The Missing Female Pleasure Parts
Written by Sheri Winston on Jun 16th, 2020
The Search for Buried Pleasure
What’s wrong with our standard map of female genital anatomy? Unfortunately, what’s missing from the picture is most of the equipment responsible for pleasure, arousal and orgasm. The clitoris is just the tip of the volcano!
Women have a set of interconnected but separate erectile structures that I call the Female Erectile Network (“FEN”). It’s comprised of multiple parts that are functionally and structurally connected. They are the three parts of the clitoris, the paired vestibular bulbs, the urethral sponge and the perineal sponge.
While it’s beyond the scope of this article to go into detail about each of the female erectile structures, I do want to point out a few salient bits of information about the erectile network. Erectile tissue is penises are mostly made of. It’s what gives them the ability to go from small and soft to big and hard.
Here’s the key point: Pound for pound and inch for inch, women have just as much erectile tissue as men. It’s just arranged differently. The female genitals contain just as much of this expandable, engorgable, highly pleasurable tissue as male genitals do. Just as much!
Some of these pleasure parts are well known while others are almost unheard of (even by scientists, medical practitioners and sexologists).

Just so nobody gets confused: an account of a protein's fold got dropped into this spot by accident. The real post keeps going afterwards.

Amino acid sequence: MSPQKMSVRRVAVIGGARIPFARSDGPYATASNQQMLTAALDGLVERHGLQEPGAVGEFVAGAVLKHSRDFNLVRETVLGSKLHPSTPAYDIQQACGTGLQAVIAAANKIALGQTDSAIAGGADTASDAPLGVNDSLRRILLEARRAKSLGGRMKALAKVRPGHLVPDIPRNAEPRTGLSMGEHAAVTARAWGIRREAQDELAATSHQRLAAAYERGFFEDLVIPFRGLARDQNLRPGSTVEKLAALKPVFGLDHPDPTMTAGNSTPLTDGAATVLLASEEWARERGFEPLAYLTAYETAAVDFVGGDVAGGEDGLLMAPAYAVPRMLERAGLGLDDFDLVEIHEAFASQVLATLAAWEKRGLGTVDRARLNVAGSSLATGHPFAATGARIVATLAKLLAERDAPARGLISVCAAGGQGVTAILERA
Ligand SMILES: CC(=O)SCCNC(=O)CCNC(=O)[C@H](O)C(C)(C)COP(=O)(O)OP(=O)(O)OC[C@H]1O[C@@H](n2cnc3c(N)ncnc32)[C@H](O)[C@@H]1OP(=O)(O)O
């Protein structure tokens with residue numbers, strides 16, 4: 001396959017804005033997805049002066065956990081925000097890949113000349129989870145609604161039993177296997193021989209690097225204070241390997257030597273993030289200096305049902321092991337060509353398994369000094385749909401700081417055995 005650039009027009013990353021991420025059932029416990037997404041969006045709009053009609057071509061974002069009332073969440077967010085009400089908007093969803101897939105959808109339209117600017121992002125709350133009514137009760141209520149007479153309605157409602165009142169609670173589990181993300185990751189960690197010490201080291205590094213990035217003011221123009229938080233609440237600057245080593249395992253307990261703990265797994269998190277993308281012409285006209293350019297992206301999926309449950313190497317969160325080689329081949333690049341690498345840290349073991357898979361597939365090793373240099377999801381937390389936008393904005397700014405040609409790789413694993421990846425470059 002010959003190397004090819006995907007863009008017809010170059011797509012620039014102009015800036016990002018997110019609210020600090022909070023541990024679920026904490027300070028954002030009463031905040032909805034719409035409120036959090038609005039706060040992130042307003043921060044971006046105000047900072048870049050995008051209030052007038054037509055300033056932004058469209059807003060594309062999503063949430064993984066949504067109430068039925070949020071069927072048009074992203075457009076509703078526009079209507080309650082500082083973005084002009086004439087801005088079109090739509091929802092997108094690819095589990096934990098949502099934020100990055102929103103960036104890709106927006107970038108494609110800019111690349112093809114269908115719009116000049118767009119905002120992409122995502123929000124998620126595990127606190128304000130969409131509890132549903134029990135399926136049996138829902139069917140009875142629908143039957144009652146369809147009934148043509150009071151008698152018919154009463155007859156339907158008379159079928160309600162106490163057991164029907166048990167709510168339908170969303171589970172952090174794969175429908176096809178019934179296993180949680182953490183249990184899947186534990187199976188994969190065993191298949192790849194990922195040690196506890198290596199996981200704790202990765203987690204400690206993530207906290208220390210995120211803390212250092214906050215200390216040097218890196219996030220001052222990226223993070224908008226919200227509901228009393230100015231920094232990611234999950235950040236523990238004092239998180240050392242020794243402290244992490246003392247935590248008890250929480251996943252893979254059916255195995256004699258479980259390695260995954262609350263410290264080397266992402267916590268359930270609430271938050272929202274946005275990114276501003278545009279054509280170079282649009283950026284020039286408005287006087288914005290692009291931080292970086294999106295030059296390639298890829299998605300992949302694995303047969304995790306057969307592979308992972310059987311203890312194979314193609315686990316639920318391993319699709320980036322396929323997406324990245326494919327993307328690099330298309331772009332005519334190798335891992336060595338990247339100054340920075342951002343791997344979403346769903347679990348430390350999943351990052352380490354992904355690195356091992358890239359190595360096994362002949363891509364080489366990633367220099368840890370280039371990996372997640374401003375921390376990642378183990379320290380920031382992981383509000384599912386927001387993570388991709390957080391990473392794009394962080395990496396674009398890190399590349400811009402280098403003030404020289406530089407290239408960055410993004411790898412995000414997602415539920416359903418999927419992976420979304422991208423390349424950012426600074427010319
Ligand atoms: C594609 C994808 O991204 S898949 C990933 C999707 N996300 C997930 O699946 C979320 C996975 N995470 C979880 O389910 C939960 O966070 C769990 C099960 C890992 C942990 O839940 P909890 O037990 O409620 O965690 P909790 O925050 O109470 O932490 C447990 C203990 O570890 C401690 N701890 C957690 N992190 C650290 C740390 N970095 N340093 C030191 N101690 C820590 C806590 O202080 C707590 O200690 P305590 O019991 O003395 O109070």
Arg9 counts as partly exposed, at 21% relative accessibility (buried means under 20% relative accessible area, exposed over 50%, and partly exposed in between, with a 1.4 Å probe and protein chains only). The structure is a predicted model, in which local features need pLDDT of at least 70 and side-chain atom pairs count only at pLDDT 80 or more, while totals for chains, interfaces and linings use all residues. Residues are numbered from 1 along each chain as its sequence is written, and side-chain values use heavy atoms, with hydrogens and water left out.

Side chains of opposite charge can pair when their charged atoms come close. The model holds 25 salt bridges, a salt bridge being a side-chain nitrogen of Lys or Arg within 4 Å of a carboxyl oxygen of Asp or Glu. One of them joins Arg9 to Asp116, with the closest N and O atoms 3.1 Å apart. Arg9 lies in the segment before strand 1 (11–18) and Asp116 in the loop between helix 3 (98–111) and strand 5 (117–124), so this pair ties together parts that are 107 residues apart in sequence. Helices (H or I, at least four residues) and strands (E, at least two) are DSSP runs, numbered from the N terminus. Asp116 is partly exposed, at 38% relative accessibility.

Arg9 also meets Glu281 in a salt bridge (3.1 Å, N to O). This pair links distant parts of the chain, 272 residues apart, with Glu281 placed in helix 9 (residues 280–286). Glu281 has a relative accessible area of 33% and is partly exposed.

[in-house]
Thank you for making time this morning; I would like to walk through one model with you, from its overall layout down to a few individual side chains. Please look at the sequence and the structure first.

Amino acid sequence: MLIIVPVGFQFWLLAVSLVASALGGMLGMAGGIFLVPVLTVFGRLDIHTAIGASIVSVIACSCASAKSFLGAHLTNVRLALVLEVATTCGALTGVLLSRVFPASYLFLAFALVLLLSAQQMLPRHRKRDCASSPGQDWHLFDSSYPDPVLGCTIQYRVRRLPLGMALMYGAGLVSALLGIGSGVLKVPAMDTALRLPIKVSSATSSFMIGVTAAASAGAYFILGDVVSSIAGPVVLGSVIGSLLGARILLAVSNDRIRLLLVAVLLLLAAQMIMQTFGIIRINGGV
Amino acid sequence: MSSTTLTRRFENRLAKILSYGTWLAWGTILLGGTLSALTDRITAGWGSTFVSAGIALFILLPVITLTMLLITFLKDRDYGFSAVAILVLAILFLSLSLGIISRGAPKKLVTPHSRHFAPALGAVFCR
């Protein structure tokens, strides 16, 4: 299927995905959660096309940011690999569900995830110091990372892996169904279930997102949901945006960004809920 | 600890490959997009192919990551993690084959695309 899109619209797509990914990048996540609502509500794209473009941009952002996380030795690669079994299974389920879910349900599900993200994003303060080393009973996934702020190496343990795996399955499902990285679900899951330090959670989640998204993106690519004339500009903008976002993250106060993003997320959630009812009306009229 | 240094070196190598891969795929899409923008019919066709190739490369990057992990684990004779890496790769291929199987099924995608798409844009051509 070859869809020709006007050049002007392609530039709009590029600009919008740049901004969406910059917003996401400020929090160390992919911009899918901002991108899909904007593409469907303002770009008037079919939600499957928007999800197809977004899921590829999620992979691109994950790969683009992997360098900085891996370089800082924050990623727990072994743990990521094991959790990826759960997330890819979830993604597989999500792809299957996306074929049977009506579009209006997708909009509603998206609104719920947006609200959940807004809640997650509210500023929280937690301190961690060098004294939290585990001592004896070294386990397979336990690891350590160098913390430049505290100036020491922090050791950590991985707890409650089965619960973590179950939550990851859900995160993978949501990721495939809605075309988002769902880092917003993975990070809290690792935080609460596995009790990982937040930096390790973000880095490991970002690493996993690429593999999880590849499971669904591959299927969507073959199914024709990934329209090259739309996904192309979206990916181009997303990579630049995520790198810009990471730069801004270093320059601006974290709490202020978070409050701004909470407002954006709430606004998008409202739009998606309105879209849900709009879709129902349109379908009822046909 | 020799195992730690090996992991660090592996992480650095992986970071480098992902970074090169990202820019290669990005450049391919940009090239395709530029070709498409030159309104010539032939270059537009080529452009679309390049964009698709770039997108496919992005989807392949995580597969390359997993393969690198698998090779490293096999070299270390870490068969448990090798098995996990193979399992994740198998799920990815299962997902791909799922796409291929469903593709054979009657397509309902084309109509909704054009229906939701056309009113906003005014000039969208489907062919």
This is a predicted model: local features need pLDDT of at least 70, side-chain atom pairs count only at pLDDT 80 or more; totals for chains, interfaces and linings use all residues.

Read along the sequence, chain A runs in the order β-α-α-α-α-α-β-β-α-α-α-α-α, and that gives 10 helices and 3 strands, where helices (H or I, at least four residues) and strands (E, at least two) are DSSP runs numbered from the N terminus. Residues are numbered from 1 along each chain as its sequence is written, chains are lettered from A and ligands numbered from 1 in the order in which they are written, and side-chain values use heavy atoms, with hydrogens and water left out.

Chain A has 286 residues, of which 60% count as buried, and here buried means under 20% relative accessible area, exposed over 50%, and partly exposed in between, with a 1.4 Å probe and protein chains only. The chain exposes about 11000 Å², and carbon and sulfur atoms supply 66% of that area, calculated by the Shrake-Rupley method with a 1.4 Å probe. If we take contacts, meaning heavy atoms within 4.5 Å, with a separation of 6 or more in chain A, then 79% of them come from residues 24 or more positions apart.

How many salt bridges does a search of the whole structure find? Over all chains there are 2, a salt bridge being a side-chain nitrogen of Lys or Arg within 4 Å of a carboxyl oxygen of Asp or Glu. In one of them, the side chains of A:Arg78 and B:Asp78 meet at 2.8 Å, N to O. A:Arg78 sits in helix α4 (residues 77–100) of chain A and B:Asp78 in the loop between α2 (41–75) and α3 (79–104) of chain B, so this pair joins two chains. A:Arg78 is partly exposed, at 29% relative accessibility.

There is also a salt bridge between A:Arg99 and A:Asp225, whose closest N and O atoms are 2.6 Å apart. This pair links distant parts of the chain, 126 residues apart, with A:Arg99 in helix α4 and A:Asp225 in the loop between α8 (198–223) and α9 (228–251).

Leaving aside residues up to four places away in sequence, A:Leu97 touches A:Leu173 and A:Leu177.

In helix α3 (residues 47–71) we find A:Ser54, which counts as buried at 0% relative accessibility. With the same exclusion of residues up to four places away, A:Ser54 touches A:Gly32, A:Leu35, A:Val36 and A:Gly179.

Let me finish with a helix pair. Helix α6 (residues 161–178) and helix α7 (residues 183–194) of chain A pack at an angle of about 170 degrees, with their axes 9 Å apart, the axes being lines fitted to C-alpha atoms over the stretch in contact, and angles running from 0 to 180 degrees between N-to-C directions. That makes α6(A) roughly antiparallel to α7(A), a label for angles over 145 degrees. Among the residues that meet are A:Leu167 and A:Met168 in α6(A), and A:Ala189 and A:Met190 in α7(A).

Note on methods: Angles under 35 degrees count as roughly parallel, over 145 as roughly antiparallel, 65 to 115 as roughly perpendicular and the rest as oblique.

To start with the familiar, the FEN includes the super-sensitive ‘jewel in the crown’—the head of the clitoris. (That’s what most people are referring to when they say ‘clitoris.’) It’s a unique and remarkable structure and merits lots of attention. The clitoral head is the main and usually easiest orgasmic trigger for most women. It is not, however, the only path to female sexual pleasure. Just for starters, the clitoris itself also includes two other parts: the shaft (under the hood) and the three to four inch-long paired legs. And they are all composed of—that’s right—erectile tissue!
But that’s not all! In addition to the clitoral structures, the FEN includes the paired vestibular bulbs that bracket the vaginal opening, plus two additional structures—the urethral and perineal sponges.
The Vestibular Bulbs
These two substantial wads of erectile tissue are positioned on either side of the vaginal opening. Shaped like an upside-down comma, they’re thin at the top where they connect to the shaft of the clitoris. At the bottom each bulb is, well, bulbous. When engorged they swell, like all erectile tissue does. At that point, they cause the labia to bulge out and in and create intensely pleasurable sensations when stimulated, including when anything is moving into and out of the vagina. They can be stimulated by broadly pressing the whole vulva and labia and by ‘rubbing through the skin’, that is, using moderate to deep pressure to stroke the structure under the skin. When stimulated, they puff up considerably. The bulbs are are one of the important keys to increased female pleasure!
The Urethral Sponge
Another component of the Female Erectile Network is the structure known as the urethral sponge (a/k/a the female prostate). Comprised of erectile and glandular tissue, it’s a cylinder of erectile tissue that surrounds the tube of the urethra— like a roll of paper towels surrounding the inner cardboard tube. It’s analogous to the male prostate.